Tribeca 2012 Review: SIDE BY SIDE
SIDE BY SIDE is a highly informative and thoroughly entertaining documentary covering the very timely topic of digital vs. film. And it is hosted by Keanu Reeves. No, seriously. Even more shocking is that he does a pretty damn good job interviewing the likes of Martin Scorsese, David Lynch, Robert Rodriguez, David Fincher, Chris Nolan, James Cameron, Lars von Trier, Stephen Soderbergh, George Lucas and many more. There are a few moments where he gives single word responses to his interview subjects in a way that seems like he is parodying an early 90s version of himself, but those few times just add a bit of humor to an already funny documentary. And yes it is quite funny. Many of the interviewees give humorous answers but the funniest moments stem from whenever David Lynch appears on screen. There is just something absolutely hysterical about the way he keeps dropping “Keanu” in his answers.
From a technical standpoint, this is a very well put together documentary. It covers almost every topic that can be brought up when discussing digital technology vs. film. I was a bit disappointed that they skipped over 20 years of video cameras prior to mini-dv but it is clear the doc had a more mainstream focus. It still would have been interesting to see some discussion on video nasties from the 80s such as REDNECK ZOMBIES that were among the first to be shot digitally way before the Dogma 95 films that this doc uses as a reference point. Despite the omission, nearly everything else is covered including arguments that I have not even heard before even though I have read quite a bit on this subject. The doc even spends a lot of time with editors, colorists and cinematographers to get their opinions on digital technology and these interviews often bring up the most interesting points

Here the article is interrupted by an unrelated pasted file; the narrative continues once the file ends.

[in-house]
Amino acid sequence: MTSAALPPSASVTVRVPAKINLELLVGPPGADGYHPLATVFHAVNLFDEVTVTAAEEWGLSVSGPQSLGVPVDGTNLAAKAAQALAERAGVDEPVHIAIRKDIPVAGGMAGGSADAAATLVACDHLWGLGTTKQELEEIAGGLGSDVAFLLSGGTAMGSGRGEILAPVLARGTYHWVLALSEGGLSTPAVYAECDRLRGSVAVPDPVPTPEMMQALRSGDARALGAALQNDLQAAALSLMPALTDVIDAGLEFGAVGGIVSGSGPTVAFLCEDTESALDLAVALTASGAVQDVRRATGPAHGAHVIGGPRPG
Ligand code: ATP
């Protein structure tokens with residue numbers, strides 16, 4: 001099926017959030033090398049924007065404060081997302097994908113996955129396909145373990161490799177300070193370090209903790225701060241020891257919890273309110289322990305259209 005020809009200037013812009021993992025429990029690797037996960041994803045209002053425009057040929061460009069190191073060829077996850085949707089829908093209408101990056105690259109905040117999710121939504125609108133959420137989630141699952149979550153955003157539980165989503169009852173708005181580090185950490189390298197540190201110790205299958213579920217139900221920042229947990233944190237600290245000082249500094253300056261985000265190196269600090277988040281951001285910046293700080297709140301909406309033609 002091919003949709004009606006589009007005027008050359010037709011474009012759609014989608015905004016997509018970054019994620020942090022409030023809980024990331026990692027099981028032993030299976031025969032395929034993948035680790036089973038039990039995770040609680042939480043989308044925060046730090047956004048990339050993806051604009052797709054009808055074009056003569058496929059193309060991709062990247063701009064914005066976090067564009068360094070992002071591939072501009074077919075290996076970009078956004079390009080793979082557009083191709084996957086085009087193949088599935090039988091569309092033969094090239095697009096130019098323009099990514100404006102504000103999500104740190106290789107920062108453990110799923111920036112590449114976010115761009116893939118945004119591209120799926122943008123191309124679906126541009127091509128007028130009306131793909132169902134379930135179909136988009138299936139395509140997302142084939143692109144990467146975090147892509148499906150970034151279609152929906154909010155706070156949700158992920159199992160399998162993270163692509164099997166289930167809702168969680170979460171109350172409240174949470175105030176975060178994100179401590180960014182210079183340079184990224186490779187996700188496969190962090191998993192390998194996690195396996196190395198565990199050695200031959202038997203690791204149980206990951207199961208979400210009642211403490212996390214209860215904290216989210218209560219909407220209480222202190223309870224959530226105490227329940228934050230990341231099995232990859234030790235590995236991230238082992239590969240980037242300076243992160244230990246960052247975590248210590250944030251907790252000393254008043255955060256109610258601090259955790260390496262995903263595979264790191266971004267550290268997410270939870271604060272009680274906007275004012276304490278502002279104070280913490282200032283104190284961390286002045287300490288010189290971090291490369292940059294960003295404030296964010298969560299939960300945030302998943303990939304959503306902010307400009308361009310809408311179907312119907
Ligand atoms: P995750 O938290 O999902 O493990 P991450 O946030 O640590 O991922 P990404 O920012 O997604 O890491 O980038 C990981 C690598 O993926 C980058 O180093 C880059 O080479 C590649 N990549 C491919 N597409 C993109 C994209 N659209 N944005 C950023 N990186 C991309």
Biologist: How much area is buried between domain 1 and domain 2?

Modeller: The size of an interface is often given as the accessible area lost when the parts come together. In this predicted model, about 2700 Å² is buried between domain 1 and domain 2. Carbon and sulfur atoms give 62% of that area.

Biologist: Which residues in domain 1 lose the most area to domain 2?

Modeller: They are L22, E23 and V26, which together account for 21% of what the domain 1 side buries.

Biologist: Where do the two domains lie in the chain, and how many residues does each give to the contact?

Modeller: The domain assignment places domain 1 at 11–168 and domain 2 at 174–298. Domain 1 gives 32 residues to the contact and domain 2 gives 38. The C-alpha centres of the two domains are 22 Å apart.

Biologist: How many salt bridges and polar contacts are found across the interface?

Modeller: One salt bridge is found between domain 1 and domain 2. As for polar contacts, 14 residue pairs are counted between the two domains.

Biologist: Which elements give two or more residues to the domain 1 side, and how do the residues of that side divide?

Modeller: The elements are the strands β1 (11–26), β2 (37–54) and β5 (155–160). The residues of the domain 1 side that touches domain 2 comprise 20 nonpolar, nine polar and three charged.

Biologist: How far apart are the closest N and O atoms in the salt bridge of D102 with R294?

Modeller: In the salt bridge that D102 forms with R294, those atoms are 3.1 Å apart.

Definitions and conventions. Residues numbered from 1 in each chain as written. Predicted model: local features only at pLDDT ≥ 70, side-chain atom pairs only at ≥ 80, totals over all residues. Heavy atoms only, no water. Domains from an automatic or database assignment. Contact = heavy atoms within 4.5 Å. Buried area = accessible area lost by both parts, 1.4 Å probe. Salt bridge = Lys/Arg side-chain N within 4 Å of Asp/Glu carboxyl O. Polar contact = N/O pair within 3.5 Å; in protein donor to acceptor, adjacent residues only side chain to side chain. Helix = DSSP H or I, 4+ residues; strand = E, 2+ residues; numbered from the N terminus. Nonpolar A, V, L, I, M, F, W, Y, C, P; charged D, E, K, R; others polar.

One other nitpicky criticism I have is that there really is very little side-by-side comparison footage. There are dozens of clips from movies shot both digitally and on film, which made viewing the doc on the big screen such a joy. But there isn’t much shown side-by-side which I found odd because of the film’s title. As I said, a very nitpicky criticism. Seeing those classic clips from some of my favorite films, even if just for a few seconds, really made viewing this in a theater a fantastic experience. It also makes me hope this doc gets a proper Blu-Ray release when it comes out.
It may not be so engrossing for everyone but if you have any interest at all in filmmaking or technology, I definitely recommend seeking this film out.